So the UK government and the EU have come up with a fix—the border in the Irish sea.

EU tariffs will be applied to selected goods crossing from the rest of the UK into Northern Ireland. Any good which is deemed as “at risk” of moving into the EU after crossing into Northern Ireland will be subject to the EU tariff—a definition of an “at risk” good is yet to be decided.

Experts have said it’s likely that most UK exports to Northern Ireland won’t face a tariff.

But this means there will be customs checks and controls on goods crossing from the rest of the UK into Northern Ireland, in order to ensure the correct tariffs are applied. This also applies to goods entering Northern Ireland from other non-EU countries.

If the “at risk” good crossing into Northern Ireland doesn’t end up in the EU, traders will have paid the EU tariff rate, when they should have paid the UK tariff instead. In those cases, traders will be entitled to a refund from the UK government, provided the UK tariff is lower.


2
Newton Emerson: High cost to business of Irish sea border makes it look completely unworkable
3
Owen Polley: Now even the DUP party seems prepared to go along with ‘best of both worlds’ hokum about Northern Ireland post Brexit
Fuelled by a ‘patriotic breakfast’ of sausages, baked beans, bacon and eggs, David Frost set off this week to strong-arm the EU into a Canada style trade deal.


I heard about the issue of the cost of customs checks in the Irish sea aswell. A meeting of NI farmers representatives. Ultimately the Unionist part of the business community are going to have to look at avoiding such costs by increasing trade with the Republic and the EU. I understand that one third of NI milk is sold in the Republic. Newsnight said last year that if there are tariffs between NI and the Republic, that could collapse demand leading to a cull of cattle in NI. The only alternative to checks on the island are checks at the ports.

The reality is that most Unionists dont live on the border and are less familiar with the importance of cross border trade and cross border labour movements in both directions.
 
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shiel

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But only after they agree to pay off our national debt of 200bn, Then it will take us another 50 years to build up another 200bn national debt.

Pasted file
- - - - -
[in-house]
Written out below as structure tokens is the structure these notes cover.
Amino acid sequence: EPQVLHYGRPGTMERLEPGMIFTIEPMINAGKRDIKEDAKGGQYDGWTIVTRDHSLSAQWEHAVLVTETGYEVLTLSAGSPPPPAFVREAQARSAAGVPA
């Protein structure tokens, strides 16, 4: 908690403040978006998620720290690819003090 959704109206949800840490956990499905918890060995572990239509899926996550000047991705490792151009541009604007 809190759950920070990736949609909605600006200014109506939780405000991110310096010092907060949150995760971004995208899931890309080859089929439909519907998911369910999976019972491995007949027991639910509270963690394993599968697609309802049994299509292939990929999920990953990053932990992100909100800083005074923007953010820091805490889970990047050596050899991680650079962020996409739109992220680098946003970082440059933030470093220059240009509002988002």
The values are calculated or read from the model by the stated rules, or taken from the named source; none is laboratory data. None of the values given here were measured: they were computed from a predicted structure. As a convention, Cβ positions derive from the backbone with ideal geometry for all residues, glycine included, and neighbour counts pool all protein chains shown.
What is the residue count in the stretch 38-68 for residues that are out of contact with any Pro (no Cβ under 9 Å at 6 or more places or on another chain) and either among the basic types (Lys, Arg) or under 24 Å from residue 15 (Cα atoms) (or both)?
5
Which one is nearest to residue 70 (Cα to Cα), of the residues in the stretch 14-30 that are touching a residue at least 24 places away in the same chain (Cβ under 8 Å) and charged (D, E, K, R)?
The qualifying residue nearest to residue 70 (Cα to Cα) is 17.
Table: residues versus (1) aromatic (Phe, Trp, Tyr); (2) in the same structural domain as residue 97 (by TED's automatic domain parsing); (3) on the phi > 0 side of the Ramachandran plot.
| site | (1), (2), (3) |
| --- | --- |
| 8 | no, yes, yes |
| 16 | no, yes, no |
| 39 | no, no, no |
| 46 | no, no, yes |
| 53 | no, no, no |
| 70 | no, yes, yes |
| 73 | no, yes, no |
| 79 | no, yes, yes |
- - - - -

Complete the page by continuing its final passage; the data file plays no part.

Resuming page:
A small number of our most powerful and most reckless citizens actually ran up that debt in a decade or so before 2010.

It is ironic that the same people signed the Belfast/Good Friday Agreement with the UK which the Brexiteers may now be in the process of tearing up.
 

JacquesHughes

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Economic Borders Everywhere

The UK government itself has come up with the idea of ‘free ports’ [ they do like the sound of ‘free’], with the vague appearance of levelling up ‘the north’.
So, they’ve already accepted the principle and the challenge of an ‘economic border’ around Sunderland.
 

shiel

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Economic Borders Everywhere

The UK government itself has come up with the idea of ‘free ports’ [ they do like the sound of ‘free’], with the vague appearance of levelling up ‘the north’.
So, they’ve already accepted the principle and the challenge of an ‘economic border’ around Sunderland.
Sunderland is in England and is not involved with the Belfast/Good Friday Agreement.
 

shiel

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Did Johnson agree to an Irish sea border?

Is he welshing on it now?
 

JacquesHughes

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Johnsonian Mischief and the British Negotiating Position.

Know that this is a strategy- to have as much uncertainty about the Irish border as he can, at the very beginning of the talks! The DUP are loving it; so he's repaired bridges with them.

The EU is supposed now to RENEGOTIATE the agreement on Northern Ireland, all the time wondering 'will he, won't he?' keep his word on what he's agreed already!

If the border is the distraction, what's the 'big picture'?
Answer: exploitation of the EU's Single Market.